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Today is the Gaelic Festival for the Start of Spring

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In case you didn't know, today (Feb. 1) is the start of Imbolc (also known as Imbolg or Candlemas), a pagan or Wiccan holiday that marks the beginning of spring. It is one of the four Gaelic festivals that honor the seasons. The other three are Beltane (May Day), Lammas (beginning of the harvest season), and Samhain (the welcoming of the harvest and the original Halloween). Imbolc is derived from Old Gaelic, meaning “in the belly of the Mother.” It refers to ewes carrying lambs in their bellies, or seeds nestling in the womb of Mother Earth. It has been observed since the 10 th century in Ireland, Scotland and the Isle of Man. The festival is also dedicated to Brigid, the Celtic goddess of fire and fertility. Brigid was later adopted by the Christians as Saint Brigid, the patron saint of newborns, midwives, dairymaids and cattle. Imbolc is celebrated from Feb. 1 to sunset on Feb. 2, during the midpoint of the winter solstice and the spring equinox. The traditional festivities

Why Isn’t There a Cat in the Chinese Zodiac?

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January 22 is the first day of the Chinese Year of the Rabbit. Many of you may be familiar with the 12 animals of the Chinese zodiac. Each animal represents a year in the Chinese calendar’s 12-year cycle. The animals are ranked in this order: rat, ox, tiger, rabbit, dragon, snake, horse, goat, monkey, rooster, dog, and pig. According to folklore, their rank was determined by the order in which they finished a race organized by the Jade Emperor, the ruler of heaven. Did you know the cat could have been in the zodiac? There are many variations of this tale of betrayal. One version has it that the rat and the cat were besties. They decided to run the race together. The cat kept late hours, so he relied on the rat to wake him up in time for the race. The rat promised he would. On the morning of the event, however, he broke his word and sneaked off without his friend. The wily rat was well aware that he didn’t stand a chance against the other animals. Everyone expected the strong and har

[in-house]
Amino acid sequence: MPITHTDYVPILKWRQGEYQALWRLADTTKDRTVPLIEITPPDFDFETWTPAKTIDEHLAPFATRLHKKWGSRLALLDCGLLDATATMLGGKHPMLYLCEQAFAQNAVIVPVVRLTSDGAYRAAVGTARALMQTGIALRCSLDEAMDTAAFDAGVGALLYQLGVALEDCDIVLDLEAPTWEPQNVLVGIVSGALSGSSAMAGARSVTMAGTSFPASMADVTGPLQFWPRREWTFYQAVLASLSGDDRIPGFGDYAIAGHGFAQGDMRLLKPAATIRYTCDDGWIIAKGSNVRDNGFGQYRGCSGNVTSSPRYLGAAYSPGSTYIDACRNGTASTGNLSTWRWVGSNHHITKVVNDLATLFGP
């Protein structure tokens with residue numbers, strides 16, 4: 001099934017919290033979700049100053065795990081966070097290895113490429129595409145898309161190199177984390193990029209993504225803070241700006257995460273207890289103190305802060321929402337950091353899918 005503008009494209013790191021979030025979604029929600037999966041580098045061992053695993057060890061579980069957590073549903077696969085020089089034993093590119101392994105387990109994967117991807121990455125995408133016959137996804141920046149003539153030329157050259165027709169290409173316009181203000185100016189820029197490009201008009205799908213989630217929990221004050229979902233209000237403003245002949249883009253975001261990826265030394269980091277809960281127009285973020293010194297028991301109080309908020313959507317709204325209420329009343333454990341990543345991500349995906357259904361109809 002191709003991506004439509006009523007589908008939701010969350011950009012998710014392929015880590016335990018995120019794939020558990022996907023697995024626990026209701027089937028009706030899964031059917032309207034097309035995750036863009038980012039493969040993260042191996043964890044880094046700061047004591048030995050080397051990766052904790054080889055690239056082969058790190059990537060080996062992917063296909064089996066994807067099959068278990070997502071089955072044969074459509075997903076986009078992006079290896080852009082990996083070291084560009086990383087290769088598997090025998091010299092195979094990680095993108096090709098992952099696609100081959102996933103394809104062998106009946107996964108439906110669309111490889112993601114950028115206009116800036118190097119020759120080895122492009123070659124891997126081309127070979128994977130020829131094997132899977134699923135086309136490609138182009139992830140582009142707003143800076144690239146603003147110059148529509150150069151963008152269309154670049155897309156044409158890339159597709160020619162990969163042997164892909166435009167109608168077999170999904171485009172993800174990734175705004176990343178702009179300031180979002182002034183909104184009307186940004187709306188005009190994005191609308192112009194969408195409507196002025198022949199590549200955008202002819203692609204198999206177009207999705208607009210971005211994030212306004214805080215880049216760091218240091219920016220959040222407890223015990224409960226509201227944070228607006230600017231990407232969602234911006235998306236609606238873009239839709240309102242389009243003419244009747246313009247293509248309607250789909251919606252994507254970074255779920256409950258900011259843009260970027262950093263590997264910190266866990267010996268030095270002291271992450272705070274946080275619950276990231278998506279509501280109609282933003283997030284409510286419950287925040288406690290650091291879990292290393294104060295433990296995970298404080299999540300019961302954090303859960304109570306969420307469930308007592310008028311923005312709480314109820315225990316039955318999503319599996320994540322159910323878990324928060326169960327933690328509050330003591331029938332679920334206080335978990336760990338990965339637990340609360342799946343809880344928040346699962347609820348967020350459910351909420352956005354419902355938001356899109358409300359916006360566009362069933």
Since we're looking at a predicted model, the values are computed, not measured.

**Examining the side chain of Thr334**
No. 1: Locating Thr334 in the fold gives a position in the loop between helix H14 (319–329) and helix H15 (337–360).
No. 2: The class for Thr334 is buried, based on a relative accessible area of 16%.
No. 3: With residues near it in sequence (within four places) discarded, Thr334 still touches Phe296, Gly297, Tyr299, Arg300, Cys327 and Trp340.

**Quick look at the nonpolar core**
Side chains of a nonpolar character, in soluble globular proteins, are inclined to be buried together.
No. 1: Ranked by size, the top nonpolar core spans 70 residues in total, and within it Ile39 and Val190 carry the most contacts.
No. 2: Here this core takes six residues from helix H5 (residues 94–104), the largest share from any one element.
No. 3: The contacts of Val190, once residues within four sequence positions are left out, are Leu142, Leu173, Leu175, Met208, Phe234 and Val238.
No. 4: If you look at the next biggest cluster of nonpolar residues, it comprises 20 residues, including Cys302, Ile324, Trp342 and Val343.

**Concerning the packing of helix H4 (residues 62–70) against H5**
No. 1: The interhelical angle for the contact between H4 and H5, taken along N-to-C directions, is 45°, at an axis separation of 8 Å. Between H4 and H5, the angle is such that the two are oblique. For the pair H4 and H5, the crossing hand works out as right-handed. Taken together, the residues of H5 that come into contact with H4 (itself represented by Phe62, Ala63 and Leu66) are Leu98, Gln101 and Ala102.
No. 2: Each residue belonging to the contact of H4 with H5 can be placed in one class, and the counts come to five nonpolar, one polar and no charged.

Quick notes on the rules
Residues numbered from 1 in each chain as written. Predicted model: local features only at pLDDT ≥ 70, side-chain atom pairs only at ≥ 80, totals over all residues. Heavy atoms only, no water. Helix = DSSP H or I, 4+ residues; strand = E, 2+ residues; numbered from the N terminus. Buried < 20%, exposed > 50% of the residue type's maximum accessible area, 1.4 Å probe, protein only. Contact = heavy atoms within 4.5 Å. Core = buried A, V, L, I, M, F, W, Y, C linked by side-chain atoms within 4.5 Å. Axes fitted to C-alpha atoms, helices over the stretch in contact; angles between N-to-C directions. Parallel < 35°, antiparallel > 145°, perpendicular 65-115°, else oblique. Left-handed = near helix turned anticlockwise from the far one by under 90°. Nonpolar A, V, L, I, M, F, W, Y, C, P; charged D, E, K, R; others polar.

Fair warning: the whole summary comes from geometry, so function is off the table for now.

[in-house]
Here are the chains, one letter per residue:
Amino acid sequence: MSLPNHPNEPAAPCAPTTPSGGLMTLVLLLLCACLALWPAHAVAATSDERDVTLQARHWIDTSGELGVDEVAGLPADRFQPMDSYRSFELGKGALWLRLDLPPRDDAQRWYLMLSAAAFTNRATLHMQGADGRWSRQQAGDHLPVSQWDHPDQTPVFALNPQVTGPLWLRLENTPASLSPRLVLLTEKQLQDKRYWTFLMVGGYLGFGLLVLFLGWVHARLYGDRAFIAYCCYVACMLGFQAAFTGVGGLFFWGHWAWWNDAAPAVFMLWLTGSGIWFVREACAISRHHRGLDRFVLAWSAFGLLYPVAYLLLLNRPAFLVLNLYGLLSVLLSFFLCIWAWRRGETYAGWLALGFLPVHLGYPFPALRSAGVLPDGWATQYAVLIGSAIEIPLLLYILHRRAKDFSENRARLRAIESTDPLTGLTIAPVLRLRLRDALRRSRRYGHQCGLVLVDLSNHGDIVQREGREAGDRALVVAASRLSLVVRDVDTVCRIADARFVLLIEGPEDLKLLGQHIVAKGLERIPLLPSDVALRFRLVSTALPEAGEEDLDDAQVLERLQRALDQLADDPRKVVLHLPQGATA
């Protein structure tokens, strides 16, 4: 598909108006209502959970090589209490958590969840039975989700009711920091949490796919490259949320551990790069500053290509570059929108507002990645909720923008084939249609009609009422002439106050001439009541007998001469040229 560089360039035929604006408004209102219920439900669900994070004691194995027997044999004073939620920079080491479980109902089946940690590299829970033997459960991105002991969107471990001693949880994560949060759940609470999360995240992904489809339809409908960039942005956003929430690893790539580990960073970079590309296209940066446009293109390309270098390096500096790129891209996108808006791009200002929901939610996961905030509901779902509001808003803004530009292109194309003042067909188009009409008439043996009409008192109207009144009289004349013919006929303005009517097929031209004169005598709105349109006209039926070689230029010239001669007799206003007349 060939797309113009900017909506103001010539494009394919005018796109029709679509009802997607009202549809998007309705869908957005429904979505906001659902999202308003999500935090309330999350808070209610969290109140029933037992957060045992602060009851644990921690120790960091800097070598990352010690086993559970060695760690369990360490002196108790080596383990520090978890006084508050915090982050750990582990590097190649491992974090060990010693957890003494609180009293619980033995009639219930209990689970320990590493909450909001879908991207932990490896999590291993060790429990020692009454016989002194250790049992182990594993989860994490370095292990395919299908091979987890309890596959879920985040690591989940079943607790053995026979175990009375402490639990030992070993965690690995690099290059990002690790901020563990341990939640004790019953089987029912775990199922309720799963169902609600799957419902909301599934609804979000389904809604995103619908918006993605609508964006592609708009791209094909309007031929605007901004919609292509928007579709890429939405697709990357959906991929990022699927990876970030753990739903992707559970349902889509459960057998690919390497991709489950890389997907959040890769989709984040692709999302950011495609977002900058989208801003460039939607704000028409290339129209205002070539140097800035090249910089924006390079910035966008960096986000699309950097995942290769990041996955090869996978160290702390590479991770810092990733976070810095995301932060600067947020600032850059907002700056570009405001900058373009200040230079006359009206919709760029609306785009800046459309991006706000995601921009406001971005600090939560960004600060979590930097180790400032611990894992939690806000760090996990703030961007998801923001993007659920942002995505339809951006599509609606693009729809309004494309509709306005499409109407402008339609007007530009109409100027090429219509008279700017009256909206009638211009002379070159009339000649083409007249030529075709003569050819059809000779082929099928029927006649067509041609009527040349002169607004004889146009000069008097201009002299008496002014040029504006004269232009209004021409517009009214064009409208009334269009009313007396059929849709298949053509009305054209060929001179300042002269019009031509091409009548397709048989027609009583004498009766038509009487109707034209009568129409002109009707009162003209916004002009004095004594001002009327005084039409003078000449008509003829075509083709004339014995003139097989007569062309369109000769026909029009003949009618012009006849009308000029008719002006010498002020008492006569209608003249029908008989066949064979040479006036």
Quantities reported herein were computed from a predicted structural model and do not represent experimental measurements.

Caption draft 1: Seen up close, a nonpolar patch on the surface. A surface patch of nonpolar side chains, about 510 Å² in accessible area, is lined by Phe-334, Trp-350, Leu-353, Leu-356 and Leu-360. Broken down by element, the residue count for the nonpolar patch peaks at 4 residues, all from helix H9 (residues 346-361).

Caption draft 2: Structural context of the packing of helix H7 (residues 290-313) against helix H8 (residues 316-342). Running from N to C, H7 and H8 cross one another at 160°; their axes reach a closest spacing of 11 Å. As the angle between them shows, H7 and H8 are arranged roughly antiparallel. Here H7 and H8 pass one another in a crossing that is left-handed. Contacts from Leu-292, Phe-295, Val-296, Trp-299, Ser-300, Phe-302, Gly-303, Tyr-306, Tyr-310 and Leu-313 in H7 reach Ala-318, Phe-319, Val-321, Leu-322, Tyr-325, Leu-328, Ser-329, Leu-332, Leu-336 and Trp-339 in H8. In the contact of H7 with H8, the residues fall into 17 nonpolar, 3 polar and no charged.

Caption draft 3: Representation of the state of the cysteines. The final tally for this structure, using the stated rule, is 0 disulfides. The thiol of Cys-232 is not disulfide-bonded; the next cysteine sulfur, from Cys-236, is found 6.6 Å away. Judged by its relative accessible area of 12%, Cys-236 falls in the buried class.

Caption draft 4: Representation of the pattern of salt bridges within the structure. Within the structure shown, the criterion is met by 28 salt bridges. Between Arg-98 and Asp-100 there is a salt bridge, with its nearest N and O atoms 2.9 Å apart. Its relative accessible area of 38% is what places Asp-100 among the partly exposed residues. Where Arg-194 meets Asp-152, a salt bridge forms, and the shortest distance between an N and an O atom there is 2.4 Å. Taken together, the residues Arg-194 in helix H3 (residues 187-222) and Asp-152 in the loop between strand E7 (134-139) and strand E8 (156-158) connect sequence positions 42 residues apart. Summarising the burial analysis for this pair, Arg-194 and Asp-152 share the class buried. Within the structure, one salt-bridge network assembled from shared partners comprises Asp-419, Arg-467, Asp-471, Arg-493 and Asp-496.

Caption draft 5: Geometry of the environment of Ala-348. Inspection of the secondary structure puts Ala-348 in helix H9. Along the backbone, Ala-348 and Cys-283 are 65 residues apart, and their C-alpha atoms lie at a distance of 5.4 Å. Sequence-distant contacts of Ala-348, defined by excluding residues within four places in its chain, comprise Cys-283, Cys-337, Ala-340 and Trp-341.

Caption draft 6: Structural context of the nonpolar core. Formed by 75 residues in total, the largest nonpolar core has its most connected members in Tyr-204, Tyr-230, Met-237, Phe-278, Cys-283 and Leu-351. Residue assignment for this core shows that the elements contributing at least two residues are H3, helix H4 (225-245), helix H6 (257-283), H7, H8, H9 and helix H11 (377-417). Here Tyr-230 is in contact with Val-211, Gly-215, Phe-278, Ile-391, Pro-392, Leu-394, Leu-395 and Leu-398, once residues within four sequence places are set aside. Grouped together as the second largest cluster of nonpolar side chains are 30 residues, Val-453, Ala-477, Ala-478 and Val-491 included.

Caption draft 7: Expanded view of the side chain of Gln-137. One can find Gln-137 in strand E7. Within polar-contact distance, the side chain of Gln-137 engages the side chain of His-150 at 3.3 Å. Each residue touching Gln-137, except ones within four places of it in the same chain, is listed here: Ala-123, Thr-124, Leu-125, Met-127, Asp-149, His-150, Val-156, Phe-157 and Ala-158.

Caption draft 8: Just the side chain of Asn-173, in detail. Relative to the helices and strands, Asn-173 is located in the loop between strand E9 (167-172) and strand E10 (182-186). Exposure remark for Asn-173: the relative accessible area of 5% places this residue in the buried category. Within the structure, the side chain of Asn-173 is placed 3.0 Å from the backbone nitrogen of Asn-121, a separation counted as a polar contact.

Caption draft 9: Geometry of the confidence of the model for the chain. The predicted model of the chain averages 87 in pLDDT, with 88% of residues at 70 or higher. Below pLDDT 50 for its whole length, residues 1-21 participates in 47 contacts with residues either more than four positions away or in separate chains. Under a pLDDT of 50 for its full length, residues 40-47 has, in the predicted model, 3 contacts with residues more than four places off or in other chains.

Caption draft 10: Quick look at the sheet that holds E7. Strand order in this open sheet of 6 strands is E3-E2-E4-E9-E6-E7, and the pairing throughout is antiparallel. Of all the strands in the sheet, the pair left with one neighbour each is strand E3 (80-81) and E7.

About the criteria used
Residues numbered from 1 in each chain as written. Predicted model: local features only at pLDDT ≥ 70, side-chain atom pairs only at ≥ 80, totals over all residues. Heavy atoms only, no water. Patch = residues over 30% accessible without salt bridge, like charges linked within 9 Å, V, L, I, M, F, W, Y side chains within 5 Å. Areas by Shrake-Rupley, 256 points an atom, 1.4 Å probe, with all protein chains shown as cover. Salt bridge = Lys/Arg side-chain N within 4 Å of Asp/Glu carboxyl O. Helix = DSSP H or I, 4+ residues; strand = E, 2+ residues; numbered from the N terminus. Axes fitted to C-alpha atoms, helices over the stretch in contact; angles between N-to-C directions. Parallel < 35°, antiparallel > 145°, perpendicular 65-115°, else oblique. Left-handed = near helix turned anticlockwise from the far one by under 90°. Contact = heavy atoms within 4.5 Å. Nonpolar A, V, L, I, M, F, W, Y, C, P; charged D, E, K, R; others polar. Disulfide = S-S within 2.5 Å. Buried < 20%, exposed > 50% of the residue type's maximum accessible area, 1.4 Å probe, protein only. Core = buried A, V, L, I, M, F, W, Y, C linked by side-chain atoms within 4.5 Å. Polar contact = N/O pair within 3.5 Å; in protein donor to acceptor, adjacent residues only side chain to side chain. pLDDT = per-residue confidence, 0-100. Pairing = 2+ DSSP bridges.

Book Review: 'Caged' by Scott Walker

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5 stars: ⭐⭐⭐⭐⭐ What a fun, interesting read! Author Scott Walker has built a fascinating world populated by Japanese mythological creatures who now roam the earth alongside humans due to a cataclysmic rift. The premise is interesting, the writing tight and the action fast-paced. I didn’t feel that any word in this book was wasted. The protagonist is one Keiko Miller, an agent at the Los Angeles Bureau of Souls with kitsune (fox spirit) powers. She and the other characters are believable, and all too human despite their superhuman abilities. Props for setting the book in LA. It gives this police procedural grit and color. The author included a glossary of Japanese words and spirits/gods which I found very helpful. The breadth of “yokai”—Japanese folklore entities—referred to in the book is bewildering. Fortunately, the glossary helped me to keep track.

The Lunar New Year, or the Lunisolar New Year?

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Chinese New Year falls on Jan. 22 this year, kicking off the Year of the Rabbit. Have you ever wondered why the festival occurs on different dates every year? That’s because the first day of Chinese New Year is based on when the new moon appears between Jan. 21 and Feb. 20. Although Chinese New Year is also known as the Lunar New Year, the traditional Chinese calendar is actually based on a hybrid lunar/solar timekeeping system. The lunar calendar follows the moon as it orbits the earth. That only takes 354 days, compared to the 365 days it takes for the earth to orbit the sun (which determines the Western, or Gregorian, calendar). To ensure that the Chinese calendar keeps pace with the solar calendar, the Chinese add one extra month about every three years to the 12-month lunar year. The Chinese lunisolar calendar can be traced back to as early as the Zhou Dynasty (1050 BCE to 771 BCE). The calendar evolved through the centuries ruled by the different dynasties. Today, modern Chin